Redundant radio towers, redundant transmission points, redundant paths...The design of the original requirements for the Internet by the US military offer a really good insight into the design requirements for this system. In fact, the requirements are exactly the same except for having to resist insurgency.

In order maintain service, the network must have multiple and redundant paths to move traffic. This requires redundant hardware and network topologies that support multiple transmission routes. The company will need to develop new network protocols to handle the needs of this all-wireless communications network.

## Costs

This is your primary concern. Building huge, heavily protected infrastructure takes a long time and is costly to maintain. Alternatively, deploying small, cheap, moderate range transmission units makes the network as a whole highly resistant to attack. Using small nodes also shifts the burden of attack from the government/company to the insurgents.

With a few small towers, the company can afford to be wrong only once or twice. The insurgents only need to be right once or twice. However, with small towers, the company can afford to be wrong a lot while the insurgents must be constantly killing new towers. You want to make this as expensive as possible for the insurgents.

Wired connections also represent the same kind of high value target that big static installations do. They must cover long distances and are very hard to defend. Wireless connections don't suffer from this problem.

• Self-powered by solar or wind. They should not require power to be piped in to them.
• Ultimately unrepairable. Think the worst kind of iPhone irrepairability. These should be cheap enough that if they break, just drop another one. Also, if they are too difficult to break down, the insurgency won't be able to repurpose the parts.
• Air droppable. This constrains the weight (and therefor cost) but also means that should the company need signal in a new area, only a few flights are needed before a strong network has been established. There's also a huge demoralizing aspect to this. Should the insurgents destroy a few towers, more can be dropped the next night. It's very discouraging to always be fighting an enemy that just doesn't stay dead.
• Self-installing. Once on the ground, the unit should be able to install itself and connect to the rest of the network. If it's the first node in a new area, it should behave appropriately.

## Nature of the Network

The network should be a mesh network to be the most resilient. However, there are scaling problems with this approach so some kind of tree or star topology would be most efficient. An added benefit to each node would be the ability to detect if the network is under attack then switch into mesh mode to ensure maximum resiliency.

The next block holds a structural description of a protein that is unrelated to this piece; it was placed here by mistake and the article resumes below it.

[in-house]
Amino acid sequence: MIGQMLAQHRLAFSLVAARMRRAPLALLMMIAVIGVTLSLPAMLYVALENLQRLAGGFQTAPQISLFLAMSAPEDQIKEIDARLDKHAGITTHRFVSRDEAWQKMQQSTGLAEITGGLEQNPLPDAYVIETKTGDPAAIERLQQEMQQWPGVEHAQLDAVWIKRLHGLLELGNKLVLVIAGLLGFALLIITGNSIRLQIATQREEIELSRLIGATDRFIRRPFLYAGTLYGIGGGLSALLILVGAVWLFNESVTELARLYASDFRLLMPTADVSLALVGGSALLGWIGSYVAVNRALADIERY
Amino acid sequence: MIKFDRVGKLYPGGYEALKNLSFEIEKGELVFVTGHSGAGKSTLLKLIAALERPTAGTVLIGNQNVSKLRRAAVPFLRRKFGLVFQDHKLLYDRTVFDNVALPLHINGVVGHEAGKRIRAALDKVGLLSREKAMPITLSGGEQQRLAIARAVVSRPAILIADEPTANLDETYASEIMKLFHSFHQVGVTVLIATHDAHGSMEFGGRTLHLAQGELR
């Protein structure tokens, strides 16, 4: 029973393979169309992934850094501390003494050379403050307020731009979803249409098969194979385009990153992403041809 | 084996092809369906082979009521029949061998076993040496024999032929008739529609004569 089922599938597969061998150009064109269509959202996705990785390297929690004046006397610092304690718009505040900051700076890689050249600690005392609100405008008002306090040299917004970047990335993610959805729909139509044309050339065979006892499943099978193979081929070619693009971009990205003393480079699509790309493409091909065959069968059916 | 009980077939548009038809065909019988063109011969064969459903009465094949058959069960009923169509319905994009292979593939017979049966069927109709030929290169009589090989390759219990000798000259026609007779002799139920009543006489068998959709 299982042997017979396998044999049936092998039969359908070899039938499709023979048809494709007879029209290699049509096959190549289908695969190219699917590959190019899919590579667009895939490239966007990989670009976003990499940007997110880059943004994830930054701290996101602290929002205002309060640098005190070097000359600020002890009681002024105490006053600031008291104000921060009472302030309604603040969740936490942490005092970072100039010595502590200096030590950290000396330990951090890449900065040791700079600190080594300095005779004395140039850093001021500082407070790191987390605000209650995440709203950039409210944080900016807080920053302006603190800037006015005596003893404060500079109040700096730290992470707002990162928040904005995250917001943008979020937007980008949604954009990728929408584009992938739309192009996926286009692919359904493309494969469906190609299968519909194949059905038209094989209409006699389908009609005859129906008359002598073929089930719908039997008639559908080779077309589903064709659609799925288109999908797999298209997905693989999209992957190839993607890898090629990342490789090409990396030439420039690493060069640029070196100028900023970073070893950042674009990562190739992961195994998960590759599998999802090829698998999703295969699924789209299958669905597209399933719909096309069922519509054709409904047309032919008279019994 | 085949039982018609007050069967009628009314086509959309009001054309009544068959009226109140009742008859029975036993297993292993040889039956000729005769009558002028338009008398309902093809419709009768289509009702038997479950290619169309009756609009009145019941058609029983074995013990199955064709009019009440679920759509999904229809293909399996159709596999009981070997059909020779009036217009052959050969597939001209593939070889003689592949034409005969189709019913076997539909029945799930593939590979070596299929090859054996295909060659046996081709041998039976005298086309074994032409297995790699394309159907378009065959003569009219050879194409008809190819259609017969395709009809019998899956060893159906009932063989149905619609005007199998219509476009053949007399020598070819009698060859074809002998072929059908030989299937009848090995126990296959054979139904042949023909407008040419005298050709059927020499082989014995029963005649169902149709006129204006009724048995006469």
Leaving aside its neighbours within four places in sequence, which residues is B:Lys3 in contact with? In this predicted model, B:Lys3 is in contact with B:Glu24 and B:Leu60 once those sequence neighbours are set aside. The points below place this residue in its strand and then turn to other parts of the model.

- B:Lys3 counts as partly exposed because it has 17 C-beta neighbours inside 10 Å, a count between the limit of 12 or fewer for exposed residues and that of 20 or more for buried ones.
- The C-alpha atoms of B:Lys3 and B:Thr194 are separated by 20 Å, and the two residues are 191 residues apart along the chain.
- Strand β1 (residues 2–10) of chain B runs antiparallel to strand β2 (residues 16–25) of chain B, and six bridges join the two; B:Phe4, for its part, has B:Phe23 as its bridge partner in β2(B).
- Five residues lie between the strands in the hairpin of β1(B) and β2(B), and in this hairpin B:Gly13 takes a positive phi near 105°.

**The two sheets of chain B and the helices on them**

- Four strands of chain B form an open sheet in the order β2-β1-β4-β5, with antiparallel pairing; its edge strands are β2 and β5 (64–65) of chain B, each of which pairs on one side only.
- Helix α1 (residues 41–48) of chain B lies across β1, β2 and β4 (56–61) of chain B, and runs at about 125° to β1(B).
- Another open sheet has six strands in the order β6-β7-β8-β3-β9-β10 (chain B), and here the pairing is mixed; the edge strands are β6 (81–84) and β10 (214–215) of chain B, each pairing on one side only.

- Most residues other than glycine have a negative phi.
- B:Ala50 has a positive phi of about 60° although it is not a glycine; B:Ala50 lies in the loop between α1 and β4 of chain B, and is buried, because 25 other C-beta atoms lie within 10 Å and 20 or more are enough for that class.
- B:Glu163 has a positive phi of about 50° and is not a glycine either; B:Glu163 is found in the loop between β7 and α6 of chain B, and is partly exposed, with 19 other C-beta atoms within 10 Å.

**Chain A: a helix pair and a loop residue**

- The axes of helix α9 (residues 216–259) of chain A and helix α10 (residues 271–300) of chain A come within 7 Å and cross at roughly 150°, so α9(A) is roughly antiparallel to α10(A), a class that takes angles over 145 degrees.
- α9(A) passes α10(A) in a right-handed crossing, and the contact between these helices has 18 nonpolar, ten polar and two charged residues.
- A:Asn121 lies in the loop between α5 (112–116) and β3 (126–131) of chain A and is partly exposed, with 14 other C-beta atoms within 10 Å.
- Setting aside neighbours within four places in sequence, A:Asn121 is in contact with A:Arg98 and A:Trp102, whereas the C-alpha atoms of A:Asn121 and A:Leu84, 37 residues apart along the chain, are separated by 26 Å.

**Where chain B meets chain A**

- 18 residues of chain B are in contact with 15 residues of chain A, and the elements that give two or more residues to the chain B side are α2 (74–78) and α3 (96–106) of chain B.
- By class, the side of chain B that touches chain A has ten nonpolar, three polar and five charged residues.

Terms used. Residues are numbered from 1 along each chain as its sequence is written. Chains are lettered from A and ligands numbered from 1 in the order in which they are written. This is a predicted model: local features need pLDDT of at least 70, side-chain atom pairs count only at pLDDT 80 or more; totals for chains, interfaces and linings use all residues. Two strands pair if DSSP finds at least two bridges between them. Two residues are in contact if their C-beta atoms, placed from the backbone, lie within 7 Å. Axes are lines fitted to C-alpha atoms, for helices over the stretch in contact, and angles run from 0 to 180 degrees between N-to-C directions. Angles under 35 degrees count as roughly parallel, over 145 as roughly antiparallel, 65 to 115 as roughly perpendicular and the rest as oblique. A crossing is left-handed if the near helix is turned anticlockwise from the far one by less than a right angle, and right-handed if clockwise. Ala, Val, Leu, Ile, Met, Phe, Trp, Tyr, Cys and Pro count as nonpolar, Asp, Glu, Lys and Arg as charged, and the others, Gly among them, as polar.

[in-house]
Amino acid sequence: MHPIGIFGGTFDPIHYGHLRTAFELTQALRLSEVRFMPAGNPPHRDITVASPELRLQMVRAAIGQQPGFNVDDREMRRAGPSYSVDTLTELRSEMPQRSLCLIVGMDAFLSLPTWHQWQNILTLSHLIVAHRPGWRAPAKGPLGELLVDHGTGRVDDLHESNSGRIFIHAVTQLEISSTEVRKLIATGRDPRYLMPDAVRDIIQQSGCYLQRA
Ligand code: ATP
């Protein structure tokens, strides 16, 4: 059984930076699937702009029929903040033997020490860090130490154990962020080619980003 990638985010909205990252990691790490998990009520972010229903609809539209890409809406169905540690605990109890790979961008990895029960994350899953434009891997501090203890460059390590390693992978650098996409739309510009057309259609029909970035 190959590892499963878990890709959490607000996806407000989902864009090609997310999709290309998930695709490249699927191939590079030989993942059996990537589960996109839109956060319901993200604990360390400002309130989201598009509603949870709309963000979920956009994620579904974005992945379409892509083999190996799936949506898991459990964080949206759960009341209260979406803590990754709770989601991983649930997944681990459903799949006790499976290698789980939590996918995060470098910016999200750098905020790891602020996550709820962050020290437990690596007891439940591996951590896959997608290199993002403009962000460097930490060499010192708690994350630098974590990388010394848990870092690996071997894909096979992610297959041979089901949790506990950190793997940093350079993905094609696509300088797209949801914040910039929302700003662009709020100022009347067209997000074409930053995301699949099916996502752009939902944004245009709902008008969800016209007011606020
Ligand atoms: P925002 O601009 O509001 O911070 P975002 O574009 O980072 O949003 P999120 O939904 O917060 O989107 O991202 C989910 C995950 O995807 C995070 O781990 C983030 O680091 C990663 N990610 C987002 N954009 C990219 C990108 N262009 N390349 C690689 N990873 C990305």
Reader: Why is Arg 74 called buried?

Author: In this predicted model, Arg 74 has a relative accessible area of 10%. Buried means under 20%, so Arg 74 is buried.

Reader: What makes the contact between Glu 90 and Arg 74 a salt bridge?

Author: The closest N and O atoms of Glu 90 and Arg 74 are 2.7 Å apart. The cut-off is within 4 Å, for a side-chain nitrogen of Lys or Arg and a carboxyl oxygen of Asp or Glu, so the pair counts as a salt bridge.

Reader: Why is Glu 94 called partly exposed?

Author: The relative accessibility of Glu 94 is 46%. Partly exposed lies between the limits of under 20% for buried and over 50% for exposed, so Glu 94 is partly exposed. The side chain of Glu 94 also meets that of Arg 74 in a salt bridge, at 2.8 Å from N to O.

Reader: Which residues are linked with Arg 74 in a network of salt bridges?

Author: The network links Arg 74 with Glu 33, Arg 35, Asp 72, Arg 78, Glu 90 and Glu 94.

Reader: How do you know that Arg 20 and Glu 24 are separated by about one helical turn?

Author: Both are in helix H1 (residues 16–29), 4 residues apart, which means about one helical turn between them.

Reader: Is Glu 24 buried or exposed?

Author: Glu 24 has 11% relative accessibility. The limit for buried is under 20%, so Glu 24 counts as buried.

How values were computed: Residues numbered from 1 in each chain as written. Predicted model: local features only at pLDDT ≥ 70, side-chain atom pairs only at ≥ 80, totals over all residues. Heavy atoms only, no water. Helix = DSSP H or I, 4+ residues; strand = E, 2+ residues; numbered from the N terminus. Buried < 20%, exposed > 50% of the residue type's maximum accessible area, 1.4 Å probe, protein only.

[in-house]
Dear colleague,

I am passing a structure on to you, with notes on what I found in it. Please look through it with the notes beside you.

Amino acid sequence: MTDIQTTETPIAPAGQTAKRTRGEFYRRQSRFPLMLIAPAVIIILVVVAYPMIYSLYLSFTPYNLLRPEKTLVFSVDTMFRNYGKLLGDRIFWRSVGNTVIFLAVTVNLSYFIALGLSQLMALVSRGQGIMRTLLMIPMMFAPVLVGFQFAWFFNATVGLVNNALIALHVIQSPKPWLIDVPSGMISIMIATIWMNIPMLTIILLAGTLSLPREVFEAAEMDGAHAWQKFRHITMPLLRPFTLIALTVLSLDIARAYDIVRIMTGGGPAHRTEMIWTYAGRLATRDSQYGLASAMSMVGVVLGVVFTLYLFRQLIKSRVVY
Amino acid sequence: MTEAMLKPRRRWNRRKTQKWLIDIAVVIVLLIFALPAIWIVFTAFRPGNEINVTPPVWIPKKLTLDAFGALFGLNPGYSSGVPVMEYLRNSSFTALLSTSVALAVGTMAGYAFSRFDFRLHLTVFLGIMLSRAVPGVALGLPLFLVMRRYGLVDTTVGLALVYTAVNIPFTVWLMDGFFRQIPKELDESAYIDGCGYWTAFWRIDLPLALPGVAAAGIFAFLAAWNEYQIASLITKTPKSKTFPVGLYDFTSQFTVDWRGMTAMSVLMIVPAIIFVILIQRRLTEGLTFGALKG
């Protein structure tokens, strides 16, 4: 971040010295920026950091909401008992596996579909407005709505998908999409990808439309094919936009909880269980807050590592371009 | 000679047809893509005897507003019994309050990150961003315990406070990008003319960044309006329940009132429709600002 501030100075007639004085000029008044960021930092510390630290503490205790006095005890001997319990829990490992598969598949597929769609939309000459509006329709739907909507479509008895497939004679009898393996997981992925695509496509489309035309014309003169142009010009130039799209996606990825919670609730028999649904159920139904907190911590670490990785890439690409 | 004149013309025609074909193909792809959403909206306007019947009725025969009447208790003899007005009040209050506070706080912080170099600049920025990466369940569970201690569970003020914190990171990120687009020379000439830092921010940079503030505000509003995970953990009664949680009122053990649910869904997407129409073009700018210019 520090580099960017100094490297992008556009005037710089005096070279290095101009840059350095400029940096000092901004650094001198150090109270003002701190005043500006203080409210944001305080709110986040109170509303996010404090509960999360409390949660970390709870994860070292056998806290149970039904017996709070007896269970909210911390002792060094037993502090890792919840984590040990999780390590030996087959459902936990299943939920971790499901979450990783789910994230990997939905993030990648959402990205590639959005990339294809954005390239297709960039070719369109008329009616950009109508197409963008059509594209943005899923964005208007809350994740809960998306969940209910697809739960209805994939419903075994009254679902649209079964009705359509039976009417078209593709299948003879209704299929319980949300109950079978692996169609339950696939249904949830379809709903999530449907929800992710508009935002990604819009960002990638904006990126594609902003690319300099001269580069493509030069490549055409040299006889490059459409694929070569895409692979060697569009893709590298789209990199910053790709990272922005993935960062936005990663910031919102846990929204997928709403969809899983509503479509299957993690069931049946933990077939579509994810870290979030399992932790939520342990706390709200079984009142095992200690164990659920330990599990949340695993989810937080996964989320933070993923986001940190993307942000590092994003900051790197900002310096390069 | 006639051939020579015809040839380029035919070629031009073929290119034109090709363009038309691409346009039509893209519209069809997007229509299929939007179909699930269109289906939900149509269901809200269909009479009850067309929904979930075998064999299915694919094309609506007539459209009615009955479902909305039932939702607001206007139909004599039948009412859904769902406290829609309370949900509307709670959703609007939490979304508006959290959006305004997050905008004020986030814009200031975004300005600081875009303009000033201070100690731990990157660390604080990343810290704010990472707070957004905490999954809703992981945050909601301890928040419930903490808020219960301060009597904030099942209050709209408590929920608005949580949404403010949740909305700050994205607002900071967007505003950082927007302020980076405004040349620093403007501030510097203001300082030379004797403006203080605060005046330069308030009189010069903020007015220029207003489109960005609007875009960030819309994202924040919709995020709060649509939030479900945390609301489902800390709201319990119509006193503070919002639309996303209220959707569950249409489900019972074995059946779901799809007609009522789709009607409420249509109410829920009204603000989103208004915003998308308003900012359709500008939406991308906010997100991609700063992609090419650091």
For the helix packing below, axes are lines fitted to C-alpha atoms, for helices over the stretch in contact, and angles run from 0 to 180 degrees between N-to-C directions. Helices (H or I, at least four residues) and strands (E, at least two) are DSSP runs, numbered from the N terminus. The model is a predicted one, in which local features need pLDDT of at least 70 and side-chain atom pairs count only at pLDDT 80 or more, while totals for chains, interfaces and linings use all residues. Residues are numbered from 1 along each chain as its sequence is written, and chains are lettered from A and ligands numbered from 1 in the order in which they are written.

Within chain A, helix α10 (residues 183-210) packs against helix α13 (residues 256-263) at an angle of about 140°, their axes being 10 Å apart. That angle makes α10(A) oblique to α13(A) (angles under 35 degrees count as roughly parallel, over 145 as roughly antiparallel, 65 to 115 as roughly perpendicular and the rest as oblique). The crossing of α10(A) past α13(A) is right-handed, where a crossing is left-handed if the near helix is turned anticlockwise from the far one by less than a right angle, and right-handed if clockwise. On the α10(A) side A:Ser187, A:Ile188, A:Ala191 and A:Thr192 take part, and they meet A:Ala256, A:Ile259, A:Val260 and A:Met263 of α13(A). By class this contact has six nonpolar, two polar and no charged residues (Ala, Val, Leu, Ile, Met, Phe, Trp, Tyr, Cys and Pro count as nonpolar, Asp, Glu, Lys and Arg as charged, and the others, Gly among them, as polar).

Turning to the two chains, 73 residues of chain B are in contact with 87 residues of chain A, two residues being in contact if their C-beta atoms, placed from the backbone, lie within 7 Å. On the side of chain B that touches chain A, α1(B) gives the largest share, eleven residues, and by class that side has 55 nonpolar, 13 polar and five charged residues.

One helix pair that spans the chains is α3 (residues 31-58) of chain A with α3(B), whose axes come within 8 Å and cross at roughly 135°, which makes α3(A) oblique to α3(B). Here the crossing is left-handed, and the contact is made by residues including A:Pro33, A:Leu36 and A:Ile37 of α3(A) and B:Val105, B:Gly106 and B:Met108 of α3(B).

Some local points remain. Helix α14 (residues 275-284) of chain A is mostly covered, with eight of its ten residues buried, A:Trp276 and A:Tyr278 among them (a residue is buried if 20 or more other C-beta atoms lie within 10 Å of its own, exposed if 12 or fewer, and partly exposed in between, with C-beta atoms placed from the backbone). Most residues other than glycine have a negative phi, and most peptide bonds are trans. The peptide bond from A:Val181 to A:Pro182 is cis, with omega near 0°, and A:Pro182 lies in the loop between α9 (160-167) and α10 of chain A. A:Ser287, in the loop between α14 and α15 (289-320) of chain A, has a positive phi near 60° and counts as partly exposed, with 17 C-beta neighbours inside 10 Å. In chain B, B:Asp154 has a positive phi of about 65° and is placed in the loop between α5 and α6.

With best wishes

## Ideal Circumstances

The network is so hard to kill that the insurgents start to use the network instead of trying to destroy it. This leads to all kinds of benefits.

• You could make your nodes printable. I assume your design is already wireless. – Henning M. May 22 '18 at 22:10
• @HenningM. Thanks for pointing that out. Yes, my solution is wireless too. – Green May 23 '18 at 0:44

In the real world this sort of thing normally falls into "write-off before starting" territory, the danger to the installation teams and the property loses are just too high for there to be an acceptable pay off at the other end. If I had to had to make it work I'd use tanks, the infrastructure units are assembled in "safe zones" far away from the conflict, preferably another country, they're armoured like main battle tanks, or maybe even dreadnoughts. These units are then transported in and drop on site, they're anchoured using a single large auger pile that can be driven in moments once the unit is on site from within the unit. Visually it looks like a solar powered bunker, because it is.

Also you build them using the most powerful signal gear you can run so that you decrease the "minimum necessary installations" number then put up several times that number because you absolutely know you're going to have downed units at times so you need a lot of redundancy, I'd say five fold redundancy should work, maybe more if your gear becomes a priority target.

• You can assume that someone (perhaps a third party international supporter of the regime) is willing to pay big \$ to make this happen. It doesn't have to be profitable based upon consumer charges alone while the conflict is ongoing (although if peace arrived, it would be nice if it could be self-supporting at that point on an operating cost basis). – ohwilleke May 22 '18 at 19:02
• @ohwilleke Yup my answer stands unchanged. – Ash May 22 '18 at 19:07

I thought of two options and only put the first down thinking someone else would get the other end but they haven't so:

Saturation

Build small, but rugged, relatively low signal power/range units. Build a couple of million of them. Drop them from cargo planes across the country during the wet season, so they self-bury, night ops will minimise civilian casualties. These units are the size of a baseball and have an individual range of 200m or so when buried in fields and irrigation ditches, they are pre-programmed to mesh into a comprehensive network. There are far too many to systematically remove them all from any large, and they're easy to replace if someone does. Individual units only have a battery life of 18-24 months but if you put out a bounty on units damaged or with dead batteries you can refurbish them and reseed spotty areas as needed at reduced cost. Signal life in a given area can be extended further if the mesh is programmed to maintain only the minimum units needed for coverage and put others into a standby mode awaiting a need.